Bruce Japsen at Forbes notices an interesting remark by Aetna CEO Mark Bertolini during his second-quarter earnings call, which covered a painful lack of earnings from the ObamaCare market.
Bertolini said one of the reasons Aetna lost $300 million on ObamaCare, and was therefore scuttling plans to expand beyond its current 15 states, was that “we now believe we have third parties paying premiums for special interest groups.”
Bertolini didn’t get into specifics, but Japsen believes he was referring to the same type of “third-party” situation that prompted UnitedHealth to file a lawsuit accusing American Renal Associates Holdings Inc., a kidney-care organization, of running a “fraudulent and illegal scheme.”
One might wonder why third parties paying health-insurance premiums is a bad thing. The problem is that, as Japsen puts it, “nonprofit organizations work as a front for medical care providers trying to win higher payments from private insurers that pay more than government programs like Medicaid.”
The Affordable Care Act dramatically increased the number of people eligible for Medicaid, which is why ObamaCare apologists frequently tried to lump Medicaid recipients in with actual private-sector insurance purchasers during the early days of the program, in a desperate bid to inflate the number of “ObamaCare enrollees.”
But Medicaid is not the same thing as private health insurance, as this third-party problem dramatically illustrates. Medicaid is notorious for paying very low reimbursements to health-care providers. Insurance providers are complaining – rather forcefully, in the case of UnitedHealth and its lawsuit – that third-party non-profit organizations are being used as fronts by medical providers, in schemes to soak insurance providers for fees Medicaid won’t pay.
As Dow Jones Business News wrote, in the course of explaining the UnitedHealth lawsuit last month:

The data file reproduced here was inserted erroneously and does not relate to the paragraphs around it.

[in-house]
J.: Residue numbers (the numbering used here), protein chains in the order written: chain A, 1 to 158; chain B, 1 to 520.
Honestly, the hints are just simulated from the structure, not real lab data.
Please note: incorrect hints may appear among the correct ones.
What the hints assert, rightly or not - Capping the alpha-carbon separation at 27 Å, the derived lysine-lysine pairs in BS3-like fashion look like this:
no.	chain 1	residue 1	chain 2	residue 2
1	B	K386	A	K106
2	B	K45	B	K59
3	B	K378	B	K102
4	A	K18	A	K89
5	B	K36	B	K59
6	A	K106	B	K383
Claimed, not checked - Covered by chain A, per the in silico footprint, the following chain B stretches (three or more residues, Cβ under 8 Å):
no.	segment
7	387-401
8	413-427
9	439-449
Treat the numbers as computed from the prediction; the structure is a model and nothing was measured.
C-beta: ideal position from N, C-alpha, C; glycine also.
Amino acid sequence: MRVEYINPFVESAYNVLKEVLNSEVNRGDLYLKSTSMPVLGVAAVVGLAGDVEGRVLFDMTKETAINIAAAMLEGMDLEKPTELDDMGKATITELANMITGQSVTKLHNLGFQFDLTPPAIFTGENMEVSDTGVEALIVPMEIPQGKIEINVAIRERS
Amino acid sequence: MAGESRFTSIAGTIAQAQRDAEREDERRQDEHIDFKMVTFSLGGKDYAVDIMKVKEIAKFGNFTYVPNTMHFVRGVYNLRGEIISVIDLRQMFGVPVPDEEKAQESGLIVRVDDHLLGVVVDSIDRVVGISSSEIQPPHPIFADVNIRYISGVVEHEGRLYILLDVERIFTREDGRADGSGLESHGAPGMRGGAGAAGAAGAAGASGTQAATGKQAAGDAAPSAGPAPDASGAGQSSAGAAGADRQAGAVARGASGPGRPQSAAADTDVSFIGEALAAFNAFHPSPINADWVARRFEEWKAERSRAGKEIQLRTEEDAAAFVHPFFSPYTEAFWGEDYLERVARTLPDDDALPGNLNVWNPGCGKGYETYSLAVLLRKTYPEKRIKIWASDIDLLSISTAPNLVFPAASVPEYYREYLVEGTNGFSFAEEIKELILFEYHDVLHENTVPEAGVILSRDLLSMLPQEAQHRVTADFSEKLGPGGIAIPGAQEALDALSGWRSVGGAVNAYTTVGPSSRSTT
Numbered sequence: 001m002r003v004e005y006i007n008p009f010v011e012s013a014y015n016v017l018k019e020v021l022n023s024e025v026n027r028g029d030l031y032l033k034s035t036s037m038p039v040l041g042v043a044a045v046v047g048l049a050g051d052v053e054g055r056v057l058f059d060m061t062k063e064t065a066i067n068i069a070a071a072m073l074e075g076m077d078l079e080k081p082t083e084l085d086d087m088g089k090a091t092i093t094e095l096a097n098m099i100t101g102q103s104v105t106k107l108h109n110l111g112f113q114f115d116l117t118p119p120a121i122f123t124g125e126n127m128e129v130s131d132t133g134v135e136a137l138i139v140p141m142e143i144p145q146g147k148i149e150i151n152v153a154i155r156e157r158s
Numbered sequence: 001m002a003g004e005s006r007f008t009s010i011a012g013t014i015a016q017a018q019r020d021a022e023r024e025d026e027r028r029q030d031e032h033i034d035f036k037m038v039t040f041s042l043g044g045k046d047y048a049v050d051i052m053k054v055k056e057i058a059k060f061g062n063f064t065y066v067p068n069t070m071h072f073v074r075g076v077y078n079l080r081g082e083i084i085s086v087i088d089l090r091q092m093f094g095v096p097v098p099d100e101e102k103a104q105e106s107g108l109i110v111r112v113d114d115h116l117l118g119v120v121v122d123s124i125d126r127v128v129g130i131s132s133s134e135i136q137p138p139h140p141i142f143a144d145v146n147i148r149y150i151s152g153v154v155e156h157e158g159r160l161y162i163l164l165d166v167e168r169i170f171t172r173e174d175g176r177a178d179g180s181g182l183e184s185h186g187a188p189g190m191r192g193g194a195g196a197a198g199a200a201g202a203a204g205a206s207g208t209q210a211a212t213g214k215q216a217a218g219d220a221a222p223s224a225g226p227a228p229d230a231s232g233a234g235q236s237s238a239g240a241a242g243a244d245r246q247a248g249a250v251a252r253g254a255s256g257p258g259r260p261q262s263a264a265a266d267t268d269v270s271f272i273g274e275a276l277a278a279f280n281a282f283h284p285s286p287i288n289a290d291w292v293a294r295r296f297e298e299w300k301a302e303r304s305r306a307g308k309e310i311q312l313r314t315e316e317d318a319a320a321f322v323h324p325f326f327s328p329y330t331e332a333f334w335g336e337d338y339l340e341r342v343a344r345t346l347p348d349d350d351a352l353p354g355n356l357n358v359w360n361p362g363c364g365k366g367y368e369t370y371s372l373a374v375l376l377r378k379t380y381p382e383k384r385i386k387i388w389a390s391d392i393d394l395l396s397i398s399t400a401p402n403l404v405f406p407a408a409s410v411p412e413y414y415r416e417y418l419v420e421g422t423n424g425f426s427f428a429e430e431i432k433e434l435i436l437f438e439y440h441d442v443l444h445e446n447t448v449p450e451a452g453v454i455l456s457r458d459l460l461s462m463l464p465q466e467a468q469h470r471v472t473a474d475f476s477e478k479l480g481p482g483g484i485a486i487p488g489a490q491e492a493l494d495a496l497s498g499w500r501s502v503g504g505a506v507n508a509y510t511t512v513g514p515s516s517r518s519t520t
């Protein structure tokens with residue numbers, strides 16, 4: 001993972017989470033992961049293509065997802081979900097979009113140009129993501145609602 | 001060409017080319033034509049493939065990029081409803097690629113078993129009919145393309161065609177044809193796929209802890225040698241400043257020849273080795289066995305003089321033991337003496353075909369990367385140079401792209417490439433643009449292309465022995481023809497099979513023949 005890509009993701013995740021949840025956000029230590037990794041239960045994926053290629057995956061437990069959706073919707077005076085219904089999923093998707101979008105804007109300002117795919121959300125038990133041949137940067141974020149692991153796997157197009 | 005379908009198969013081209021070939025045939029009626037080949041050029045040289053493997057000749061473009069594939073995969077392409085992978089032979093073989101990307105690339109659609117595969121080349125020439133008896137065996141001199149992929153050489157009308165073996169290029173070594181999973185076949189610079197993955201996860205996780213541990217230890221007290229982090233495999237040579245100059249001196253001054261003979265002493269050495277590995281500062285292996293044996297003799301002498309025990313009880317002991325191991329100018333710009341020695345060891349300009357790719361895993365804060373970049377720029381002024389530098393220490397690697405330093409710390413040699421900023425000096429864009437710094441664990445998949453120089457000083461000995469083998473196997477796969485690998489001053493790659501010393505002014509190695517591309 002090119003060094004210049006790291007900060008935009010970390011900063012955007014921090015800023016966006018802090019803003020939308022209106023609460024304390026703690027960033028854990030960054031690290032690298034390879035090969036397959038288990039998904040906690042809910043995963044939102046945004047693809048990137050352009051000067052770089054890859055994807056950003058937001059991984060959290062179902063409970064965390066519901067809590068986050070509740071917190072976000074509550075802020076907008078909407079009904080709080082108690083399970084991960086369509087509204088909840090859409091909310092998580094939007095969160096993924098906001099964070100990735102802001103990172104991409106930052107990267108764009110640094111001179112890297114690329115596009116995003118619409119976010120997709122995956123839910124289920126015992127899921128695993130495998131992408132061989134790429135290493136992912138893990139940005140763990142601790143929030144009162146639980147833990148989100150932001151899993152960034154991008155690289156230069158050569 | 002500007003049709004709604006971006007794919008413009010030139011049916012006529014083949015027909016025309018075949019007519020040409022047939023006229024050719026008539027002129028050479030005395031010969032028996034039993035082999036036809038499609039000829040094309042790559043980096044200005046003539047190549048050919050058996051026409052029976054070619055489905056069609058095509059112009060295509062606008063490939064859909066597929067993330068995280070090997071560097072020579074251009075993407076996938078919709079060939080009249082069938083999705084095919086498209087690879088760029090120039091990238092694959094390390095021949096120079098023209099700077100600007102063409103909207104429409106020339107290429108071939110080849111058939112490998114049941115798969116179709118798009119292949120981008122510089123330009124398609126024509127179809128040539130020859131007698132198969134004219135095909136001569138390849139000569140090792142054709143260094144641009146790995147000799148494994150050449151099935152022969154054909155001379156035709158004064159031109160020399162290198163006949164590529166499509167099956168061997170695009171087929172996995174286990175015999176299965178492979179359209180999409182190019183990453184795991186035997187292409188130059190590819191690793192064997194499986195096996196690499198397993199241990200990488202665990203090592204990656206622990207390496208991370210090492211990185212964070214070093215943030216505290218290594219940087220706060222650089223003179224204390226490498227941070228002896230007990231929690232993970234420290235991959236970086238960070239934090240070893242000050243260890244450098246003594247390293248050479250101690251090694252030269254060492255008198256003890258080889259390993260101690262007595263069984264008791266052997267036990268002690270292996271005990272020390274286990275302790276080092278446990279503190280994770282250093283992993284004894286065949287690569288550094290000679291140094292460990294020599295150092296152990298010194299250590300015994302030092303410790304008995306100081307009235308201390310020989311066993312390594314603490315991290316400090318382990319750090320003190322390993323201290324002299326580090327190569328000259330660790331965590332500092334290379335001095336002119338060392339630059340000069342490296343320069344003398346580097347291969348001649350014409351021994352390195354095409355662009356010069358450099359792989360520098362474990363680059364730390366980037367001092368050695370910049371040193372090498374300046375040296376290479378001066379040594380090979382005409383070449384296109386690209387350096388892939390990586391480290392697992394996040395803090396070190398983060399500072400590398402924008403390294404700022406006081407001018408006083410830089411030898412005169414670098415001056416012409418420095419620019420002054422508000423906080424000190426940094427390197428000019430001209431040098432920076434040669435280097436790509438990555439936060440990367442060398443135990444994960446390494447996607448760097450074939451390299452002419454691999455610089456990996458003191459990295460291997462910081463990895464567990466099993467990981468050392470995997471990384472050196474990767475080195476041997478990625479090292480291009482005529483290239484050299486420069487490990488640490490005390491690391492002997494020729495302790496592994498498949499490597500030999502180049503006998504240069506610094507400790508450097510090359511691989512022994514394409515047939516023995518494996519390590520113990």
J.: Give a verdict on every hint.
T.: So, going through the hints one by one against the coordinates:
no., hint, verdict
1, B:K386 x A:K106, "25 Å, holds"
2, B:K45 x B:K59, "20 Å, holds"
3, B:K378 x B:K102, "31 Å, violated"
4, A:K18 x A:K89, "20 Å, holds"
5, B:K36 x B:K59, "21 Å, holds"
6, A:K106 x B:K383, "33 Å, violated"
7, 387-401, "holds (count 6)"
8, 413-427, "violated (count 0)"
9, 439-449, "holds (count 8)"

The issue of third-party payment of health premiums has been a point of tension under the ACA, which requires insurers to sell plans to people regardless of their health conditions. Health-care providers have an incentive to ensure their patients are covered, which in turn can assure they are paid for their services. Insurers, for their part, say that premium assistance by health-care providers or affiliated charities often focuses on sick patients who need a lot of services, which increases insurers’ costs and pushes up premiums for all policyholders.
Insurers who object to these attempts to “game” the ObamaCare system have begun rejecting third-party payments, which puts them in the uncomfortable position of saying “no” when a charitable foundation offers to defray the cost of superior private insurance for Medicaid beneficiaries.
As for the government, Dow Jones Business News described guidance from the Administration as “murky”:
In 2013, the Department of Health and Human Services suggested insurers should reject premium payments that came from health-care providers because they could “skew the insurance risk pool.” But the regulator later said its warning about third-party premium payments didn’t apply to certain entities, including independent nonprofits focused on financial need that “do not consider enrollees’ health status.” An HHS spokesman declined to comment.
It looks as if this is another of the many, many ObamaCare “rules” scribbled in pencil, with numerous special exceptions and carve-outs. HHS probably doesn’t want to crush any program that “improves access” to health care, especially as states begin groaning under the burden of higher Medicaid costs. (Costs which, like everything else pertaining to ObamaCare, turned out to be far higher than promised – a good 49 percent higher in 2015, leaving taxpayers on the hook for an extra $20 billion.)
Radically, and deliberately, underestimating costs is the foundational sin of ObamaCare, the big swindle that tricked Americans into thinking the program would be so financially advantageous that participation would be voluntary — and everyone from insurance customers to giant providers would be just plain crazy not to sign up as fast as they could!
Instead, we got a series of schemes designed to make everything seem far more affordable than it actually was, during the first few politically-sensitive years of this “reform.” Once ObamaCare was comfortably settled on the couch, and all but impossible to evict from the American system, it could loosen its belt and let its enormous beer gut spill out.
The sum total of everything we’re hearing from insurance providers, medical providers, and customers right now is that ObamaCare is completely unsustainable, without a massive raid on taxpayers, combined with endless premium hikes. It’s a complicated, very badly-designed system, so we’ll probably hear a lot more about efforts to exploit its many loopholes.